Salts of the earth: chefs weigh in on this ancient seasoning.
We're all familiar with the tiny, white crystals in the saltshaker. But while salt has been used to season and preserve food since prehistory, refined salt was unknown until Morton's addition of anti-caking agents to sodium chloride in 1910. Modern processing methods have made what was once a scarce, expensive commodity into the world's main food seasoning. Using very high temperatures to dry seawater, processing removes impurities and natural companion minerals found in sea salt, creating 99.7% pure sodium chloride. It also adds iodine; the sugar dextrose to stabilize the iodine; and anti-caking agents like aluminum silicate, magnesium carbonate or calcium silicate to absorb moisture and keep the salt dry in humid conditions.
Line in the Salt
Today, many believe that highly processed sodium chloride is not a wise health choice. Shannon Hayes, author of The Grassfed Gourmet Cookbook (Ten Speed Press), is concerned that in order to keep the salt dry and white, refiners add bleaching agents and aluminum compounds, which have been linked to Alzheimer's.
"The processing strips salt from nutrients such as magnesium salts--which I have found essential to my own well-being. I feel good, clean salt is critical to healthy brain function," she says.
Like Haves many prefer natural sea salts for their lower sodium and higher mineral content. According to the Salt Institute, seawater contains about 3.5% (by weight) dissolved minerals, including calcium, magnesium, potassium, iron, sulfur and 80 other trace elements. This means natural sea salts are slightly lower in sodium (97-98% sodium chloride). Many of these minerals are abundant in other dietary sources (calcium in dairy and magnesium in green vegetables, for example). And sea salt has only minute amounts of iodine, which is necessary for normal thyroid function; deficiency is linked to goiter and some forms of mental retardation. According to the Mayo Clinic website, "Sea salt and table salt have the same nutritional value. The differences are in taste and texture."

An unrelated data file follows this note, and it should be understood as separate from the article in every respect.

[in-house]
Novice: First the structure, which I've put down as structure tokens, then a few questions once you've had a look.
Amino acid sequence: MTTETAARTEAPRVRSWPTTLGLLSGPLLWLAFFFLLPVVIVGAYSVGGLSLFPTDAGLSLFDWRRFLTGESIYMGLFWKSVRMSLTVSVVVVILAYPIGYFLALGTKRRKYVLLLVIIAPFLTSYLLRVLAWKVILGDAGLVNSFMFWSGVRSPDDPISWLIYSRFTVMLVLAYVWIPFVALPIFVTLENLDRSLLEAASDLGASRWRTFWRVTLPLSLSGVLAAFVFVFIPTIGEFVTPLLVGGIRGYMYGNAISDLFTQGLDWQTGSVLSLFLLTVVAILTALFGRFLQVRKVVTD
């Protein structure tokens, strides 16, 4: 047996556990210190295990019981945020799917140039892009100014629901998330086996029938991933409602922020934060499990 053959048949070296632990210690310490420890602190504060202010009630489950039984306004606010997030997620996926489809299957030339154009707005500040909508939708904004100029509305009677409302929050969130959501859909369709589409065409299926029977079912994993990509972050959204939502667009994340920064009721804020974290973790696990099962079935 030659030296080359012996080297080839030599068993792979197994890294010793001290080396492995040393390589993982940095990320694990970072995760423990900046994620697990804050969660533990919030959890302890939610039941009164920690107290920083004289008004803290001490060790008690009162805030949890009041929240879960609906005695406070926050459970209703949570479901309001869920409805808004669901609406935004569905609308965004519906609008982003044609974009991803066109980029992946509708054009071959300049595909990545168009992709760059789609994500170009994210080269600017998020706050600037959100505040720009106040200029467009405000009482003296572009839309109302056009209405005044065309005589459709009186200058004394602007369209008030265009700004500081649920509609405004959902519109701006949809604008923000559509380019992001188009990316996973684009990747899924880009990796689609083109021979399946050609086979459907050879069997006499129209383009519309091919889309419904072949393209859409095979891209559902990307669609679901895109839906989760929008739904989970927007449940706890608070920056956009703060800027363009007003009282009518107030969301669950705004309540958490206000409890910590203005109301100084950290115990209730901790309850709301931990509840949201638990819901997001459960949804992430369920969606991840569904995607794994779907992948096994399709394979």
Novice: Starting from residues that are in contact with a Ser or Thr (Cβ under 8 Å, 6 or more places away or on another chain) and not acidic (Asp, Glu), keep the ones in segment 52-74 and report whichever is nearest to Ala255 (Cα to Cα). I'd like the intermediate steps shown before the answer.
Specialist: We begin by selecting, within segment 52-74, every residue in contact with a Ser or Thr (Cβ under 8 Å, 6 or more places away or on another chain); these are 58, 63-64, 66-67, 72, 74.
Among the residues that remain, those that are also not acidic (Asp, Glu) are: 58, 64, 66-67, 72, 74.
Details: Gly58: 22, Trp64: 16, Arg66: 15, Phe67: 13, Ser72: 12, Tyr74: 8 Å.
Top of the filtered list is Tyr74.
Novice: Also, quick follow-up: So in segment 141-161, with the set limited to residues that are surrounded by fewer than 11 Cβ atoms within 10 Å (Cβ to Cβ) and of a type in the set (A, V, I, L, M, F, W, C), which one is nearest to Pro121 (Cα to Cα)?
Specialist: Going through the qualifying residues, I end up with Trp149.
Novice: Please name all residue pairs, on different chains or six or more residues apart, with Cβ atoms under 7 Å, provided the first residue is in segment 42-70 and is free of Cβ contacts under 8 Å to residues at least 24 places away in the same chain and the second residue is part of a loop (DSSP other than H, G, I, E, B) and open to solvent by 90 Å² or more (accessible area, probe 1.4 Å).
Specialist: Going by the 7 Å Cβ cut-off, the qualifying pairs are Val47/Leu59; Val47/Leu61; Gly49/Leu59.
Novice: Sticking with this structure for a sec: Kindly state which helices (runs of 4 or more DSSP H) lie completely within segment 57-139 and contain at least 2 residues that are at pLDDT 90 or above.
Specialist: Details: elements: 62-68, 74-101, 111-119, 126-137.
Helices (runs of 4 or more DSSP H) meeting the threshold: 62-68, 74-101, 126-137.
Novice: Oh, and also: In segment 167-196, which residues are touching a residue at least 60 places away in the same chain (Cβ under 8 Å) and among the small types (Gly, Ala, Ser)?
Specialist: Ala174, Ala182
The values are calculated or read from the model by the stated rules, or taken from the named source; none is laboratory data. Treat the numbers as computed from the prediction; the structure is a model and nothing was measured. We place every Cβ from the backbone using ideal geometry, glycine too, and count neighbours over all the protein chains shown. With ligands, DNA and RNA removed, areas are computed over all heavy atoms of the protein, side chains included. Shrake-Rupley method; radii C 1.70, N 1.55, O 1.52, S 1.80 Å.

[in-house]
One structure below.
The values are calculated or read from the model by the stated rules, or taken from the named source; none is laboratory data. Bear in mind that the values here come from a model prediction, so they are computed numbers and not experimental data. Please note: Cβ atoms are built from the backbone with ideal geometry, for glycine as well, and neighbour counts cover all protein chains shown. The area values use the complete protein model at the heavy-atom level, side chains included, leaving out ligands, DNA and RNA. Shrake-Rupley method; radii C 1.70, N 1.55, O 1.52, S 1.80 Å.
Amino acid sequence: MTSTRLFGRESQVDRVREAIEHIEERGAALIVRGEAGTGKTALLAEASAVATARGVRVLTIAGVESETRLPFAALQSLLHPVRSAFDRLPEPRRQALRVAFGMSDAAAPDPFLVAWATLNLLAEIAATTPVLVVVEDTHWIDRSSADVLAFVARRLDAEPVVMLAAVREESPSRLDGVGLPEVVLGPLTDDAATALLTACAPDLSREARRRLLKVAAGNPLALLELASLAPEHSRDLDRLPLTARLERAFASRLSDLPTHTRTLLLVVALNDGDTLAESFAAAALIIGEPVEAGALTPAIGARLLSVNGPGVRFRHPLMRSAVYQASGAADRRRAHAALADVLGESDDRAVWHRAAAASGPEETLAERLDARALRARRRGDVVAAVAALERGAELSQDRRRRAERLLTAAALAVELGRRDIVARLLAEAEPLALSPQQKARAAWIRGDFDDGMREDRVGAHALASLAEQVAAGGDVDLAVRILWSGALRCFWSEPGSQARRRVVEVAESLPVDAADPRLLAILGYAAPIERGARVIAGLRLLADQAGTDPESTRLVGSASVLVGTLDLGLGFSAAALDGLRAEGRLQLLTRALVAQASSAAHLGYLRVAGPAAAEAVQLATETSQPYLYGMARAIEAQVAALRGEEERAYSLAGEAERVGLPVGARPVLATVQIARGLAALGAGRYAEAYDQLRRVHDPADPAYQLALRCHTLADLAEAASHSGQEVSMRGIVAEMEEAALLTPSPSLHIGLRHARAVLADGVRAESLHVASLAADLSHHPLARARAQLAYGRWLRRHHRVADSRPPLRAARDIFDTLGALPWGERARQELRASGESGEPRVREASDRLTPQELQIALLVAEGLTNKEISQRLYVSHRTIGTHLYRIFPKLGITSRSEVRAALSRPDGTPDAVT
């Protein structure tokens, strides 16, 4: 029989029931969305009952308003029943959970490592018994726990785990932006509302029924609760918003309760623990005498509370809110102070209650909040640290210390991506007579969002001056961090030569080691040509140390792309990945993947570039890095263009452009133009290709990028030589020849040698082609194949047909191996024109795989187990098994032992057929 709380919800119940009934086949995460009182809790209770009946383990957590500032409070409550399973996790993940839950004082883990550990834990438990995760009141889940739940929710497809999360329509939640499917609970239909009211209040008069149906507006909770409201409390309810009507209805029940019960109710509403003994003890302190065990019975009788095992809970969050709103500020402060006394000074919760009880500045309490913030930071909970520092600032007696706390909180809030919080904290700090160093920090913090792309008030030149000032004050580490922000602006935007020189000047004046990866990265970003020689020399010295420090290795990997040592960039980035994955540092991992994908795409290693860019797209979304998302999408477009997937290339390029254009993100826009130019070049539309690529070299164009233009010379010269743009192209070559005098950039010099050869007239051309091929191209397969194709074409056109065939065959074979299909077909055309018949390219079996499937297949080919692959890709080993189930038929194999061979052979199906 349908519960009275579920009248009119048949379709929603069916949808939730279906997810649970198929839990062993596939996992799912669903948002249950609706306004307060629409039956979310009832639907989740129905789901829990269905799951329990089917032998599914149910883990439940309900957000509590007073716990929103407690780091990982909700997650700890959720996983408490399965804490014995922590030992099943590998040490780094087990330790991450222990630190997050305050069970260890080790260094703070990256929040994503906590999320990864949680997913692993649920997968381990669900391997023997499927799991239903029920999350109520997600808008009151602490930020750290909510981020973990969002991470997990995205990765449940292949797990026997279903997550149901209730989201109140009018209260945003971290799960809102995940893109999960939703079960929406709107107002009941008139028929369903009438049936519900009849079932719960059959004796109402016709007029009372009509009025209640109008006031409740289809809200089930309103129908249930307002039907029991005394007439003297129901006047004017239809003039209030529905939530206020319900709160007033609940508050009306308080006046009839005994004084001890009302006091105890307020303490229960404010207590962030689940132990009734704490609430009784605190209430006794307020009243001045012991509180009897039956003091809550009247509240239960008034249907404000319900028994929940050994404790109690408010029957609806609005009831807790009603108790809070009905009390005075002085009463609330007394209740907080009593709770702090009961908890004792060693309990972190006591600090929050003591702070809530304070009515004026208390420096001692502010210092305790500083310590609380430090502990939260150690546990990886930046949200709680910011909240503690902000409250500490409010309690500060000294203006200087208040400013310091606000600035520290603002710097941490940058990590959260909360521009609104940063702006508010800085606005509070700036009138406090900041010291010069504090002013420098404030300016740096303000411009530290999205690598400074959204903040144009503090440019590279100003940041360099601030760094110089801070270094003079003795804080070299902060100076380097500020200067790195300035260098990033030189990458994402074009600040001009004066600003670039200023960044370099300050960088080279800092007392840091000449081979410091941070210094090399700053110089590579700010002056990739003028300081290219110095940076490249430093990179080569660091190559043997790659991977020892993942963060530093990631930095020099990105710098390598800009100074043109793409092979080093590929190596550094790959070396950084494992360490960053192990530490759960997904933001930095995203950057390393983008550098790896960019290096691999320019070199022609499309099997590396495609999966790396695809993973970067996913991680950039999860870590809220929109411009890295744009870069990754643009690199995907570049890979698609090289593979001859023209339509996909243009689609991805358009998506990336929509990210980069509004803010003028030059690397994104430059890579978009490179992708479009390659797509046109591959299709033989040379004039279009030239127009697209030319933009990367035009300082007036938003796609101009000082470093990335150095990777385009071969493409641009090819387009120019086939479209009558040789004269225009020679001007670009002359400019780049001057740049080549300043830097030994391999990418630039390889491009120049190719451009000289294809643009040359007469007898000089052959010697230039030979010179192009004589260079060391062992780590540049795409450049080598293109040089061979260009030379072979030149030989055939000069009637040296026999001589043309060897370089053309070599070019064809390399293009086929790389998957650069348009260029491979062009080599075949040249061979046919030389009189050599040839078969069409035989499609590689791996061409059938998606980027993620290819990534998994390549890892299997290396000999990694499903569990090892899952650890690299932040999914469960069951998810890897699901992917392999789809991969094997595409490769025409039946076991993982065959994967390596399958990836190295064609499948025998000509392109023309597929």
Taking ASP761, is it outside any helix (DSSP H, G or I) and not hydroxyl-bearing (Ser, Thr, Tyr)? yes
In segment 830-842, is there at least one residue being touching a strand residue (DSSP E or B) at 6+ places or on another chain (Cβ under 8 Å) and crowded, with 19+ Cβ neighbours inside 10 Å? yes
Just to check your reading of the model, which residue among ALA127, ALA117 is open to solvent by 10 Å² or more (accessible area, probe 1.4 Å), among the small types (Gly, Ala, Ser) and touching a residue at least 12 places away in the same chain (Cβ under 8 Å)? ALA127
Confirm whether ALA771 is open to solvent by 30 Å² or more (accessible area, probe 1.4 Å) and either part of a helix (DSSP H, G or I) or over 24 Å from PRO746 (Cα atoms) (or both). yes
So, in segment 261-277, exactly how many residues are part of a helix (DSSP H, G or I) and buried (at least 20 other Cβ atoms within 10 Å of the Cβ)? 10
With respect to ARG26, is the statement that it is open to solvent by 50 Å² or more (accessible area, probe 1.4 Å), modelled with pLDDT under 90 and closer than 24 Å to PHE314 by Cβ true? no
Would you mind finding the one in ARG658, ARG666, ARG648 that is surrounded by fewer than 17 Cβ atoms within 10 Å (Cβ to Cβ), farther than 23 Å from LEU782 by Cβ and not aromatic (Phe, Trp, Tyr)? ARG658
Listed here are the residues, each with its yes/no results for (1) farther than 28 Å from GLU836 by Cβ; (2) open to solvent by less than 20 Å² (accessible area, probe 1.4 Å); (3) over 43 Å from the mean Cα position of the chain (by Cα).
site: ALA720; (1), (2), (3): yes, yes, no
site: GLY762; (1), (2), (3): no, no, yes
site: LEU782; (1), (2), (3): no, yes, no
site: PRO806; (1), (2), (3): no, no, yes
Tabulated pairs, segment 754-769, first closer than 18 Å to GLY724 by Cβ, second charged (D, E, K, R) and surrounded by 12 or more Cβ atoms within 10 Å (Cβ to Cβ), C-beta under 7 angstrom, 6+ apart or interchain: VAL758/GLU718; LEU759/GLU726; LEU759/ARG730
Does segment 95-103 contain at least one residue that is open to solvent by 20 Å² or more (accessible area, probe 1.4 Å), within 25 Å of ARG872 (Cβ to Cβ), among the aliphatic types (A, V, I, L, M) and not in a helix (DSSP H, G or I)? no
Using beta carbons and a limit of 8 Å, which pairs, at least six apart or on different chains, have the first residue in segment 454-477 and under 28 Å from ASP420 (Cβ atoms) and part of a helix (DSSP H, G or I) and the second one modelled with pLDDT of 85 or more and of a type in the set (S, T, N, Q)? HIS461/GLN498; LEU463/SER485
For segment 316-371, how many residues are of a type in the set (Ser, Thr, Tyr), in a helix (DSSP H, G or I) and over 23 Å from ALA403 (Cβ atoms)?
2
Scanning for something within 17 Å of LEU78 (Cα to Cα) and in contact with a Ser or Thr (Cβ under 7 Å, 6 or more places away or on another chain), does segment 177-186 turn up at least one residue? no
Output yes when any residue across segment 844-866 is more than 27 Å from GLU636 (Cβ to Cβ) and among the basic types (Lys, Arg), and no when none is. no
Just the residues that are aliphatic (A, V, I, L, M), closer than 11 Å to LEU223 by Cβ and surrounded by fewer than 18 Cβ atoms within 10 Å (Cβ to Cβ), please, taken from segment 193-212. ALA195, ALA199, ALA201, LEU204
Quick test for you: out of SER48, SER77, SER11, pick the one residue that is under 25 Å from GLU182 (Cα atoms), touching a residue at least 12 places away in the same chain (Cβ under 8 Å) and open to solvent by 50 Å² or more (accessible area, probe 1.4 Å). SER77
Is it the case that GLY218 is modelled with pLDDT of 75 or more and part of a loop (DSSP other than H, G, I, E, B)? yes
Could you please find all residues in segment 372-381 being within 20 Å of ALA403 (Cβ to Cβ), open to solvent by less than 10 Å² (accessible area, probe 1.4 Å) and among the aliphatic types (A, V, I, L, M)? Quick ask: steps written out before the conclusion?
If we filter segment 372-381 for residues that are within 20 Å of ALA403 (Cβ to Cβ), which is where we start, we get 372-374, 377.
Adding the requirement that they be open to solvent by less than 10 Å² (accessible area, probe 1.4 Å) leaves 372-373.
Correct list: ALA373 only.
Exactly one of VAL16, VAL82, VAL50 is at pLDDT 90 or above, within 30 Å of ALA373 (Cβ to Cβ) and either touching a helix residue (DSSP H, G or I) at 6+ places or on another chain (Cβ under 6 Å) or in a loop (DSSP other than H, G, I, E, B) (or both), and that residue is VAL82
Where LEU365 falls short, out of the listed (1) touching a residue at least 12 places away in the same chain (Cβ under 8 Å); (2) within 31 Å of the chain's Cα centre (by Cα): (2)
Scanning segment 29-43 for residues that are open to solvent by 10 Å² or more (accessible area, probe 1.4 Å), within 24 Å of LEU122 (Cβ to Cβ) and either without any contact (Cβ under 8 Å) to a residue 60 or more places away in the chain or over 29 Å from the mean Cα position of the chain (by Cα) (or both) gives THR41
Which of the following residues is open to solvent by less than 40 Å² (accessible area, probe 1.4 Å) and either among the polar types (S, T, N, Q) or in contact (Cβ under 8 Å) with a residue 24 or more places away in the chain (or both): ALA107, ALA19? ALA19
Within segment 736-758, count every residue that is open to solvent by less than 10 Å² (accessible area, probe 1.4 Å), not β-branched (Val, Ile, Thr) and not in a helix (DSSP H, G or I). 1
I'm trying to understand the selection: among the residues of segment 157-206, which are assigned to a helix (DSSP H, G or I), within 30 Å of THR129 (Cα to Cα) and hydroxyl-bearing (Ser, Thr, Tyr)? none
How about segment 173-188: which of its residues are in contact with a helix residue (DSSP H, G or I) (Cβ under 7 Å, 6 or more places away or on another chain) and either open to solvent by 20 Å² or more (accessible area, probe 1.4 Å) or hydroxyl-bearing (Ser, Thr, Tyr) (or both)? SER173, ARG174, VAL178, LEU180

Others are turning to unprocessed sea salts for their variety of flavors and textures. Fleur de sel from the coast of Brittany is favored by French chefs. Vogue food writer Jeffrey Steingarten prefers English Maldon's crunchy, pyramid-shaped flakes. Pierre Laszlo, author of Salt: Grain of Life (Harper Perennial), compares salt to wine: "Wine is an aqueous solution of ethanol and yet different wines taste differently and some are definitely better. Why? Because of the trace amounts of hundreds of different molecular species. Salt is no different. Its taste and its health benefits stem from trace impurities.
To me, the (impure) grey salt from Guerande has a richer flavor than the (very pure) flower of salt, also from Guerande."
The unique characteristics of regional salts like Himalayan rock salt, Hawaiian Kilauea black sea salt or Utah's Jurassic come from their place of origin. Mark Bitterman, who with his wife Jennifer sells more than 50 different salts at The Meadow in Portland, Oregon, explains the complexity of unrefined sea salt: "Every crystal combines unique qualities of mineral content, moisture, size, shape and color that affect the flavor and texture of food in various ways." Bitterman cautions that all sea salts are not equal. "Solar-evaporated artisan sea salts come from pristine waters and require more craftsmanship, care and time in production than do industrially manufactured sea salts," he explains. According to Bitterman, most salt in the U.S. comes from the polluted waters of the Caribbean Sea. Since both the minerals and impurities are removed in processing, this is not a major concern.
Seasoning salts--smoked salts and blends of salt with spices--also add flavor. Most people are familiar with garlic or celery salt, but today's exotic flavor blends include Turkish black pyramid sea salt, which gets its color and flavor from charcoal, and Tea-smoked sea salt, which combines Mediterranean spices with flaky salt. Didi Davis of Massachusetts-based Salt Traders, which sells many rare sea and herbed salts, says, "A natural product, gourmet salts have gained popularity over the last decade. The trend has spread from restaurant chefs to home cooks."
Some chefs, however, feel the texture and color of gourmet salt is lost while cooking, and that it is best saved for a finishing touch where the unique crunch and color of various salt crystals is more noticeable. When salt is dissolved, they prefer the clean flavor, crystal texture and cheaper price of kosher salt. While this coarse salt is refined, it is pure sodium chloride without additives. At a dollar or more an ounce for gourmet salts (versus just pennies for an ounce of kosher or table salt) each cook must decide if gourmet salt is worth the price.
CONTACT: The Salt Institute, www.saltinstitute.org; Salt Traders, www.salttraders.com.
YVONA FAST writes a food column, "North Country Kitchen." Her website is www.wordsaremyworld.com.
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|Title Annotation:||Eating Right|
|Date:||Nov 1, 2008|
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